I wasn't experiencing any real trouble but wanted to get a once-n-for all saddle. I decided to look at the bike packer posts and bikepacking 101 was regular perusal anyways. I was thinking "here are folks spending all or most of the day in the saddle" and many are doing long cross county/country tours and camping along the way. It should be imperative they get a good saddle that works and many claims are positive for the selle or brooks style leather saddles that look somewhat sadistic. Maybe just dumb luck but I got a Selle X series anatomica watershed model and love it.

    ~ b
    bachman must spread some Reputation around before giving it to himself again. :madman:


  140. #140
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    Quote Originally Posted by bachman1961 View Post
    I wasn't experiencing any real trouble but wanted to get a once-n-for all saddle. I decided to look at the bike packer posts and bikepacking 101 was regular perusal anyways. I was thinking "here are folks spending all or most of the day in the saddle" and many are doing long cross county/country tours and camping along the way. It should be imperative they get a good saddle that works and many claims are positive for the selle or brooks style leather saddles that look somewhat sadistic. Maybe just dumb luck but I got a Selle X series anatomica watershed model and love it.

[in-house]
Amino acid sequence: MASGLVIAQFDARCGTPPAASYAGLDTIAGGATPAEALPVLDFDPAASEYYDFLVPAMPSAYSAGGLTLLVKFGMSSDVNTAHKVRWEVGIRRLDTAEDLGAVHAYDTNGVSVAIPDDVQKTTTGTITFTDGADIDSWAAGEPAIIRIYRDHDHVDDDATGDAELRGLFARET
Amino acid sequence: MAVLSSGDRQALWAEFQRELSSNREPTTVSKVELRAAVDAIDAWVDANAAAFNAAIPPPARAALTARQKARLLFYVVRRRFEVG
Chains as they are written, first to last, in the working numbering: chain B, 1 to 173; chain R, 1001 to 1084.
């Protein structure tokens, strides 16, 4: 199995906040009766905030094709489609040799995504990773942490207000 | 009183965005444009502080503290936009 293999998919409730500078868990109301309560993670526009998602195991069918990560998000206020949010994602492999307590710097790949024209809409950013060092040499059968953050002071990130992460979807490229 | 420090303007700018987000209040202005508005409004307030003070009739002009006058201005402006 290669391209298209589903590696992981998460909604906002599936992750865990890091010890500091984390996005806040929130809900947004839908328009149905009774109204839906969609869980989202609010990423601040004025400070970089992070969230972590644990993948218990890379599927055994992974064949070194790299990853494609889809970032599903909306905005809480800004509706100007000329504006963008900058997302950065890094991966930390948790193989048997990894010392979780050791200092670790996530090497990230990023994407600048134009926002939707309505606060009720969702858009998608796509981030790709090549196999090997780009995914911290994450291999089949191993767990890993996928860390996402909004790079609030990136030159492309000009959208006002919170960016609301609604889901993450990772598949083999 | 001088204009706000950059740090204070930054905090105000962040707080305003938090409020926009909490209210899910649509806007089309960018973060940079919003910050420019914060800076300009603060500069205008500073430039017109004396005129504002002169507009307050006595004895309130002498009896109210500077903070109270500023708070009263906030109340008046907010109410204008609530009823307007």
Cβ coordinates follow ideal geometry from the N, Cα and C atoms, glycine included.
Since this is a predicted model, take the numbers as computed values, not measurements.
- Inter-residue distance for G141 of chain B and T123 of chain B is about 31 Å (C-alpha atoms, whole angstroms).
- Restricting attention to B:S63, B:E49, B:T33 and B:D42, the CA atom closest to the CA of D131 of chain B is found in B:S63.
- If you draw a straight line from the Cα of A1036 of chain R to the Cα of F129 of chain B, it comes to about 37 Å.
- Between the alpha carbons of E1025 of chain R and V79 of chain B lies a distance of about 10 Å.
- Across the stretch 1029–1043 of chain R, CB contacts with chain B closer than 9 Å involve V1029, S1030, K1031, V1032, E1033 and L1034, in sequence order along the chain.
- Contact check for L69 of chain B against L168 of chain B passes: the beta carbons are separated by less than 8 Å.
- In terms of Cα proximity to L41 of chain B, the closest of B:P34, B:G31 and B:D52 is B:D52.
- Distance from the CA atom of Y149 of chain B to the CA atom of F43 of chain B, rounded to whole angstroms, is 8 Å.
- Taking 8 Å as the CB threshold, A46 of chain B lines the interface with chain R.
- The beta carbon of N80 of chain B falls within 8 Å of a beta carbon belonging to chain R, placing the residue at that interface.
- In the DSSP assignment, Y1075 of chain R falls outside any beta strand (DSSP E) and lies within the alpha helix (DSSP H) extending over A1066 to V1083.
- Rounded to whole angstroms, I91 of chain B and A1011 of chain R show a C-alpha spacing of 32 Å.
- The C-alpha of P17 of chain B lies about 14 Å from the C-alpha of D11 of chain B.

~ b
    Iíve been using a Brooks leather all year and it is a good seat but I definitely need to wear chamois bike shorts for anything over 6-10 miles, which pretty much all my rides are. Once the sweaty balls weather starts here in June-August, chamois gets oppressively swampy...

    So Iím going to try a different route with a more cushy Sunlight Cloud 9 seat and go with simple compression underwear to keep my boys cooler under my outer shorts. Donít want my Avacados getting over-ripe.




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  141. #141
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    Quote Originally Posted by toadmeister View Post
    What compression shorts (underwear) do you guys recommend?